LINGUISTICS PHD STUDENT MATTIA Asks three of his peers Three quick questions about their PhD studies
Lisa Gotthard, Alex Lorson and Sarah Van Eyndhoven answer questions about doing a PhD in Linguistics at the University of Edinburgh
How did you end up pursuing a PhD in Linguistics at the University of Edinburgh?
Alex: For me, this was a professional choice entirely. I knew that the university was very good for linguistics. There were also researchers in Edinburgh interested in what I do (i.e. experimental pragmatics). And then I was so fortunate as to get funding!
Lisa: I knew that there were people in Edinburgh doing the kind of research I wanted to do (i.e. in historical Scots), so it was a choice that made sense professionally. Also, I already lived in the city and knew I wanted to stay. So the choice also made sense for me personally.
Sarah: I ended up doing a PhD here because I started studying historical Scots during my undergrad and later Master’s in NZ, due to the encouragement of one of my lecturers. I became really interested in it, but found it difficult sometimes to find the documents I needed on the other side of the world! When a scholarship opened up to study historical Scots at Edinburgh I didn’t hesitate as it was the perfect choice academically but also personally. I had fallen in love with the city and country 2 years earlier while travelling, so I couldn’t be happier to be here!
What is your favourite thing about the PhD programme at Edinburgh?
Lisa: The friendly collegiality in the department! Both among the PhD students, but also between the staff and PhD students.
Sarah: My favourite thing is the large number of other students working on a PhD, and how we are brought together through various activities and opportunities – which means you really do get to know people in your cohort – and they are awesome!
Alex: I really enjoy that I have the privilege to actually focus on my own project. Of course, there is teaching and admin stuff that takes some time, but other than that there is just the project. This is often very different from home (i.e. in Germany), where you are also working on other projects for your supervisors.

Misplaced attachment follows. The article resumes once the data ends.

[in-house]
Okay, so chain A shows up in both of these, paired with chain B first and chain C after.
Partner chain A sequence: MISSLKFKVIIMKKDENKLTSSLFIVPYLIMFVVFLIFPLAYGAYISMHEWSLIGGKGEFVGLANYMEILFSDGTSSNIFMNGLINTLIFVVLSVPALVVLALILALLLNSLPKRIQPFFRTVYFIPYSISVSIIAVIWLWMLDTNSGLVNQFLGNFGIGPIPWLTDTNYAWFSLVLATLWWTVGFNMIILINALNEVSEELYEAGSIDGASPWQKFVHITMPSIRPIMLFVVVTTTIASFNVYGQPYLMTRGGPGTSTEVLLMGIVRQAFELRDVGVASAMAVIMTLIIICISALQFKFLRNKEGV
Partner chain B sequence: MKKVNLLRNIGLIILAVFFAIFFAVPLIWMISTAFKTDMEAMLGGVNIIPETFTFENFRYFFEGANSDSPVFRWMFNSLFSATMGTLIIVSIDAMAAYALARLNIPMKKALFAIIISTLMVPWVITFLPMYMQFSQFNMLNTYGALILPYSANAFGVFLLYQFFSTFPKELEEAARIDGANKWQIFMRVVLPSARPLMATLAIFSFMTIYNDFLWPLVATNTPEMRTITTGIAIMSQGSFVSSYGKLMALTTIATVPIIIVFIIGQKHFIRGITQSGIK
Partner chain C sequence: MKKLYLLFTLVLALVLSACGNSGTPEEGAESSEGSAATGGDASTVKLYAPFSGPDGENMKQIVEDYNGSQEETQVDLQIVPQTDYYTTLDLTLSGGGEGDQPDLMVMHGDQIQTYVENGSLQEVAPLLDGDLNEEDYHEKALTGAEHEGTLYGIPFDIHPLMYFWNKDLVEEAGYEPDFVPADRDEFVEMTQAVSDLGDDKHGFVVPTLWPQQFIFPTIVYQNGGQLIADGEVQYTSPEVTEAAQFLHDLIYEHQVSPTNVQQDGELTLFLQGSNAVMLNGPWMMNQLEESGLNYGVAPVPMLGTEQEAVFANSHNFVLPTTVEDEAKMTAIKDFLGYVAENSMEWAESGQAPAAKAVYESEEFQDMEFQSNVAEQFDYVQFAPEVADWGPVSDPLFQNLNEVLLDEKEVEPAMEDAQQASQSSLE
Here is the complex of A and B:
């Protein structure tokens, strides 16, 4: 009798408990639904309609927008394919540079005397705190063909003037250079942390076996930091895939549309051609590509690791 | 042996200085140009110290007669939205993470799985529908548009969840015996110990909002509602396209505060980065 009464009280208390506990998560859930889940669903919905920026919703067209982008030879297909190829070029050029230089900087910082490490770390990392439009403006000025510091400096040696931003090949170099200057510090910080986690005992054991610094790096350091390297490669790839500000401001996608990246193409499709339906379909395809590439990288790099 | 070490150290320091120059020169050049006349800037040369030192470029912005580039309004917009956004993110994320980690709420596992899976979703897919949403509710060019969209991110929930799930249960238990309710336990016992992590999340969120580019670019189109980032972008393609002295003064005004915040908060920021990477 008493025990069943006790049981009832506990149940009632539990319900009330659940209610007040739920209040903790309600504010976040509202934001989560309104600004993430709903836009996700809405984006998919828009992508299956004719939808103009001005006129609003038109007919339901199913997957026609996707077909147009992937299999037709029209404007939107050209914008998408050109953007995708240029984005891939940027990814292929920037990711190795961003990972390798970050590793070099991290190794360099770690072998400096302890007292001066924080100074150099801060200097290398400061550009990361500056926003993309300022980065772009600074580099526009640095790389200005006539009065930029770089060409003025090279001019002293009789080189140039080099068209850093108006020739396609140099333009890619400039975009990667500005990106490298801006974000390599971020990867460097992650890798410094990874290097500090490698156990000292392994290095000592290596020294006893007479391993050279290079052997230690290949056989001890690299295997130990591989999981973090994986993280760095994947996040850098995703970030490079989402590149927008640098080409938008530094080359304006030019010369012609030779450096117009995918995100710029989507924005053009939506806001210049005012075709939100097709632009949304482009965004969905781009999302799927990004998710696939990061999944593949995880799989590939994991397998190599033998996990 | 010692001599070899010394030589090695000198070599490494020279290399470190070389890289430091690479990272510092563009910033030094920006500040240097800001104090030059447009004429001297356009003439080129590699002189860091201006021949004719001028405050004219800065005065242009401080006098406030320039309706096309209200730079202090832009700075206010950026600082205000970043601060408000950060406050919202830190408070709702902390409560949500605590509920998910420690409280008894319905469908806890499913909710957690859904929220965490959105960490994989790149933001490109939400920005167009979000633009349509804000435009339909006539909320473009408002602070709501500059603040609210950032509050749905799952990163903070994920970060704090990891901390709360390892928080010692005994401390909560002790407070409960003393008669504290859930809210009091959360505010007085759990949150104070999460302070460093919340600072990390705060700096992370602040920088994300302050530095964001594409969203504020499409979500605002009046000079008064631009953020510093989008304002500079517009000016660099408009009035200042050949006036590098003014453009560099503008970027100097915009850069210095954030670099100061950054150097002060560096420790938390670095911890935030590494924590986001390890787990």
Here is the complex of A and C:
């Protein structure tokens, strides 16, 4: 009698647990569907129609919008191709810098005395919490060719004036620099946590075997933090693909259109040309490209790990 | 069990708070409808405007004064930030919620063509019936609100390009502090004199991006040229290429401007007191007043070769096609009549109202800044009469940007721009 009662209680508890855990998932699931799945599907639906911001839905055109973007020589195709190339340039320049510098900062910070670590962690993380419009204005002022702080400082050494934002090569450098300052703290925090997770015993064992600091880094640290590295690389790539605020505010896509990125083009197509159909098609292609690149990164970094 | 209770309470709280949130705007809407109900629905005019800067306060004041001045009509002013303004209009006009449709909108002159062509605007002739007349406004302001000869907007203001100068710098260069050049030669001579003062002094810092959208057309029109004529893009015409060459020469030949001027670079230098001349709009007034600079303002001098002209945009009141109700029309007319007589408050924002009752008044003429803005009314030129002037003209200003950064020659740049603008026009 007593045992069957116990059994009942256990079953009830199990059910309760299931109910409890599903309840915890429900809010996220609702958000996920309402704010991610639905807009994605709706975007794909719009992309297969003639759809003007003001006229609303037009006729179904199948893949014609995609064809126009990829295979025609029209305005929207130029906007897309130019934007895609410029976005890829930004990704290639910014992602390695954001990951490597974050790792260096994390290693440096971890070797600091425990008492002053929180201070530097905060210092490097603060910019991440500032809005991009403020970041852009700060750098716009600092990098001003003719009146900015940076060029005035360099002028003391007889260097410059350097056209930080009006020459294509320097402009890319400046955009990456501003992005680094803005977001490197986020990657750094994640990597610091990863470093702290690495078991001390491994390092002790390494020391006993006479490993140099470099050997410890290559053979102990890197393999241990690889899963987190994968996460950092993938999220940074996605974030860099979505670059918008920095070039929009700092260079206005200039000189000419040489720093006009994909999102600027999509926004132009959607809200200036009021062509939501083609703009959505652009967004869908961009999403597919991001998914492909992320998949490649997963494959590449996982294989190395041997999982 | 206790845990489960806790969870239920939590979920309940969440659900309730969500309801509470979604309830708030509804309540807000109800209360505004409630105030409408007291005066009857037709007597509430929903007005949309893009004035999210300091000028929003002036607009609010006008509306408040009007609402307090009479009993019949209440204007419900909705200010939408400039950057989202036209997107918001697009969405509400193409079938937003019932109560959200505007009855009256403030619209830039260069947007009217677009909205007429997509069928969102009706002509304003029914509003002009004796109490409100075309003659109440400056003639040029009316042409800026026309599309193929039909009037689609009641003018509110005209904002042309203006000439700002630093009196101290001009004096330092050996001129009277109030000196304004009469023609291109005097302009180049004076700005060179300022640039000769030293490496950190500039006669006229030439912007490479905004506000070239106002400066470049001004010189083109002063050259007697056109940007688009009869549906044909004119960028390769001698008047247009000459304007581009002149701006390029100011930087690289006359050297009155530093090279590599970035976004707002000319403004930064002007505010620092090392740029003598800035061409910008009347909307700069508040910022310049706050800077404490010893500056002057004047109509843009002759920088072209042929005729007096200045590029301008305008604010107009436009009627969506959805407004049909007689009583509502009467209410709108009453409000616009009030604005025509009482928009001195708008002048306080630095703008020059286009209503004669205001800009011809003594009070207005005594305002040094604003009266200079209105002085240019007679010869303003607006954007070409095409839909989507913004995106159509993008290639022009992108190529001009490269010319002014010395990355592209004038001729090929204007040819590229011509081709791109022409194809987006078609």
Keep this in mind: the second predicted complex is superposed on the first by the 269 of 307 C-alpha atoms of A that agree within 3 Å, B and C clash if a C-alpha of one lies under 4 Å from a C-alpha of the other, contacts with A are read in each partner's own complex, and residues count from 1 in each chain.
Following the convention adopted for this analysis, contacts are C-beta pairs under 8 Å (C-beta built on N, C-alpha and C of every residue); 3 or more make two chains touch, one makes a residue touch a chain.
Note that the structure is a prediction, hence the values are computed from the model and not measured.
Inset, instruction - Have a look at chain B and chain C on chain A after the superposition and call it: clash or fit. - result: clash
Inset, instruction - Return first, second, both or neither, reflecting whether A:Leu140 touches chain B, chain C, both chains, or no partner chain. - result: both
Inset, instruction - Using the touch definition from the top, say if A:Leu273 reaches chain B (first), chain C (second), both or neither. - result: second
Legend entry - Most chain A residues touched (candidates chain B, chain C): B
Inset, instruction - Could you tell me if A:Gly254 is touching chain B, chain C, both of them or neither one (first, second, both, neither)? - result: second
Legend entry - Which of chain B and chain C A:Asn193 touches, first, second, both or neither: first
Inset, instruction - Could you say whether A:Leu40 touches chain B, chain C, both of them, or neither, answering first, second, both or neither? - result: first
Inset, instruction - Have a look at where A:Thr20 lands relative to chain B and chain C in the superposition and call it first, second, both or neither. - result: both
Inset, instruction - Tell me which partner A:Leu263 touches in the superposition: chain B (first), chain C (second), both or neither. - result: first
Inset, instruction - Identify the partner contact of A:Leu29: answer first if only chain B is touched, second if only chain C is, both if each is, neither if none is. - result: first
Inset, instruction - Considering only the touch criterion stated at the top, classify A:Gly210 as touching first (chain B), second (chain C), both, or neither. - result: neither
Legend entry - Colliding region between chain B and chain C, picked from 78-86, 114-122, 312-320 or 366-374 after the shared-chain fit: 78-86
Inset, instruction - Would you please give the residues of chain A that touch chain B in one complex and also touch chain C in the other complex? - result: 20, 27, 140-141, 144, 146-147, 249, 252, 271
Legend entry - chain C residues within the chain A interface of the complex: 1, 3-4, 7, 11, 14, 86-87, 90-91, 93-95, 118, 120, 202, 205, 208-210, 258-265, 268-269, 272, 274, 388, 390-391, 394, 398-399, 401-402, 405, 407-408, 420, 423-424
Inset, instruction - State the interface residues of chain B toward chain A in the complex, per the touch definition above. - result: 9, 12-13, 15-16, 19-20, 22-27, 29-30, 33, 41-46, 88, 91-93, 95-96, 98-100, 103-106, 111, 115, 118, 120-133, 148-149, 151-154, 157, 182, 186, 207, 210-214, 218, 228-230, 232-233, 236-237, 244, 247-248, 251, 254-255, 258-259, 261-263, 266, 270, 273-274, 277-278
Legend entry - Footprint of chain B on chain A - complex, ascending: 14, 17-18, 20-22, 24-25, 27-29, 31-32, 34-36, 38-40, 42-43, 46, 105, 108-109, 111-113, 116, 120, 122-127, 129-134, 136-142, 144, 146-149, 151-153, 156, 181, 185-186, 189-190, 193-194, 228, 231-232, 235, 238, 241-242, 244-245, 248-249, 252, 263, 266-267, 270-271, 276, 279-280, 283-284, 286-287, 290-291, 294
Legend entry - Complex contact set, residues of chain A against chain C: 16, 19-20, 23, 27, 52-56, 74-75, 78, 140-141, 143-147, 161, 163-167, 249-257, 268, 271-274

Describe the most surprising thing about your PhD experience so far.
Sarah: The most surprising thing for me has definitely been the huge number of opportunities. Having come from somewhere where it’s difficult to take part in much beyond what’s going on in your own city, it feels like there’s always something to get involved with, take part in or be inspired by. There’s never a dull moment in your PhD at Edinburgh it seems. The opportunities to meet other like-minded people and travel has really opened doors for me!
Alex: For me, the high level of supervision was surprising. My supervisors spend a lot of time on me – not only do they advise me on my project, but also on my career in general. That is, by suggesting training opportunities, conferences, and teaching opportunities.
Lisa: I was expecting that there would be a bigger divide between groups working in different subfields, and was therefore worried that it would be lonely working on historical linguistics. However, it turned out that this really didn’t matter. You end up sharing an office with people doing various things and make friends with them!
Find out more
If you want to know more about Lisa’s, Alex’s or Sarah’s PhD projects, check out their profile pages on the University website and get in touch:
Related degree programme
Second-year Linguistics PhD student Mattia is the Linguistics Social Media Ambassador (Research Focus) at the University of Edinburgh. Keep an eye on the Linguistics & English Language at Edinburgh Twitter account @EdinUniLEL for more updates from Mattia.
This post was originally published on PPLS Student Blogs